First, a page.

Information transmitted to the Palestinian Authority
2001. By letter dated 11 September 2002 sent jointly with the Special Rapporteur on extrajudicial, summary or arbitrary executions, the Special Rapporteur advised the Government that he had received information regarding the following individual cases.
2002. Khaled al-‘Akheh was reportedly arrested by the Preventive Security Service (PSS or al-Amn al-Wiqa’i) in Gaza on 14 February 2001 and convicted by the Gaza State Security Court on 12 August 2001 for helping Israeli forces to kill Mas’ud Ayyad on 13 February 2001. It is reported that over a period of 18 days after his arrest he was subjected to shabah, i.e. being made to stand or sit up in painful positions for long periods, often hooded or blindfolded and often combined with sleep deprivation, and repeatedly punched in the face with his head hooded. He reportedly received visitors about 20 to 30 days after his arrest. He was reportedly shot by police on 9 September 2001, allegedly while trying to escape from custody during a prison transfer in Gaza City.
2003. Suliman Qwaidh Mohammad Abu ‘Amra was reportedly arrested on 8 August 2001 by the Military Intelligence Service (MIS) and held incommunicado at the MIS’ headquarters in Gaza City until mid-August 2001. On 15 August 2001 his family was informed that he died of a heart attack while being interrogated. An autopsy conducted at Shifa Hospital reportedly found that the death resulted from “several injuries in the body and sensitive parts, such as the abdomen and scrotum, caused by repeated blows by solid objects” and that “all the wounds were recent and took place one week prior to death”. President Arafat is said to have ordered an official inquiry into this death.
2004. ‘Ala’ al-Din Hassan Muhammad Wabheh was reportedly arrested for “security reasons” on 18 October 2001 by security forces. It is reported that he died during his transfer to hospital on 21 October 2001, after having been held in incommunicado detention for three days at the General Intelligence Apparatus in Khan Yunis. His brother, a medical doctor, managed to see his body and reported that the corpse presented bruises, swellings and marks indicating that his head had been hurt and his neck wore marks of a rope or a wire.
2005. By letter dated on 19 September 2002 sent jointly with the Special Rapporteur on violence against women, its causes and consequences, the Special Rapporteur advised the Government that he had received information regarding Yusra al- Ramlawi who had reportedly been arrested in June 2001 by the General Intelligence Service (GIS or Mukhabarat). Although she informed her interrogators that she was two-months pregnant, she was reportedly beaten so severely that she allegedly had a miscarriage. Some days later she was reportedly threatened with rape by an interrogator. It is alleged that despite a complaint to other officers, the same interrogator was back at work three days later. She was transferred to the GIS section of al-Saraya prison in Gaza Strip at the end of June 2001. She was believed to have been beaten there as well. It is alleged that she was not accused of being a collaborator herself but that she nevertheless remained in detention without charge or trial at least up to September 2001.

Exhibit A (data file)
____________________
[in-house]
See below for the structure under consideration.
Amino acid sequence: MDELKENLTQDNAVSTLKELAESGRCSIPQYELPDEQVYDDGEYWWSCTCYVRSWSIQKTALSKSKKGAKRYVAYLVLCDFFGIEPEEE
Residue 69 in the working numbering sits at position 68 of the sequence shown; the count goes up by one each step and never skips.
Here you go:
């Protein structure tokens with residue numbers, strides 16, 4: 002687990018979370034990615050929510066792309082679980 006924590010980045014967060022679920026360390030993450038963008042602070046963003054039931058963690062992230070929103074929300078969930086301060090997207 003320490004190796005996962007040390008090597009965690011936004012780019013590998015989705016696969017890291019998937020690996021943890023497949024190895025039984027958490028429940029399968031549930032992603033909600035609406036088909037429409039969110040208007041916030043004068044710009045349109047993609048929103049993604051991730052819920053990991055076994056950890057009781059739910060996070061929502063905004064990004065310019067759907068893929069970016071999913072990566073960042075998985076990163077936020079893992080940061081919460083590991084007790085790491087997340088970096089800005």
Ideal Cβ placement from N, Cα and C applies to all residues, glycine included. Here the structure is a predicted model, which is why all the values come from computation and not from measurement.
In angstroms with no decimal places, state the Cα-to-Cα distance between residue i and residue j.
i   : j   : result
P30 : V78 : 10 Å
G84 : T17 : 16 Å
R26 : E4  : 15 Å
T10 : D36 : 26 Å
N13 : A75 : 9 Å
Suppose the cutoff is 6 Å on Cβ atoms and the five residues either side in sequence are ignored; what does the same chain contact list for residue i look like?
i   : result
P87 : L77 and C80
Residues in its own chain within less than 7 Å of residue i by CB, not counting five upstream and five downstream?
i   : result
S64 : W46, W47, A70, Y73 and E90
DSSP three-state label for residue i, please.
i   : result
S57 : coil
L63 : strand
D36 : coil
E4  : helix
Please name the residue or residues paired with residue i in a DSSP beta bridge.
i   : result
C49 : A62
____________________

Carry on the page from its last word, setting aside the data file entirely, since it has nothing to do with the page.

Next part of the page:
2006. By letter dated 17 October 2002, the Special Rapporteur reminded the Government of a number of cases transmitted in 1998, 1999, 2000 and 2001 regarding which no reply had been received.
2007. On 16 January 2002, the Special Rapporteur sent an urgent appeal on behalf of Jaweed Al-Ghussein, aged 71, on whose behalf the Special Rapporteur sent an urgent appeal on 11 October 2001 (see E/CN.4/2002/76/Add.1, paras 1817-1818). Since the beginning of his detention in Gaza, declared to be arbitrary by the Working Group on Arbitrary Detention in December 2001 (case No.31/2001), he has been suffering from diabetes and a serious heart condition. He reportedly developed swelling, flushing, cramps, abdominal pain and diarrhea. His doctors in Gaza and London indicated that he would have to be treated by means of advanced diagnostic facilities, such as MRI-guided biopsies and that the necessary facilities were not available in Gaza. At the end of November, Jaweed Al- Ghussein was reportedly transferred to the Palestine Hospital in Cairo. An Egyptian physician reportedly concluded that Jaweed Al- Ghussein needed “further investigation and expert management in a specialised centre such as the Royal Marsden hospital in London”. On 3 January 2002, Jaweed Al-Ghussein was said to have been forcefully returned to Gaza, where he was reportedly placed under house arrest in a house without electricity. Since the transfer, he is said to have been suffering from heart palpitations, breathing problems, flushing, diarrhea, an excessively accelerated heart rate and blood pressure of 180/110.
2008. On 8 July 2002, the Special Rapporteur sent a joint urgent appeal with the Special Representative on human rights defenders on behalf of Khaidar Ghanem, a B'Tselem fieldworker, who was in the custody of the Palestinian Preventive Security Apparatus. He had reportedly been arrested on 3 July 2002 in Gaza. Fears were expressed that he may have been arrested in connection with his work at B'Tselem, in particular collecting testimonies from Palestinian residents on alleged human rights violations in the Rafah area of the Gaza strip.
2009. The Special Rapporteur regrets that no response has been provided to the cases brought to the attention of the Authority since 1998.
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Zimbabwe Information transmitted to the Rassemblement congolais pour la démocratie-Goma (RCD-Goma)
This report has been published by Equipo Nizkor and Derechos Human Rights on August 2, 2005.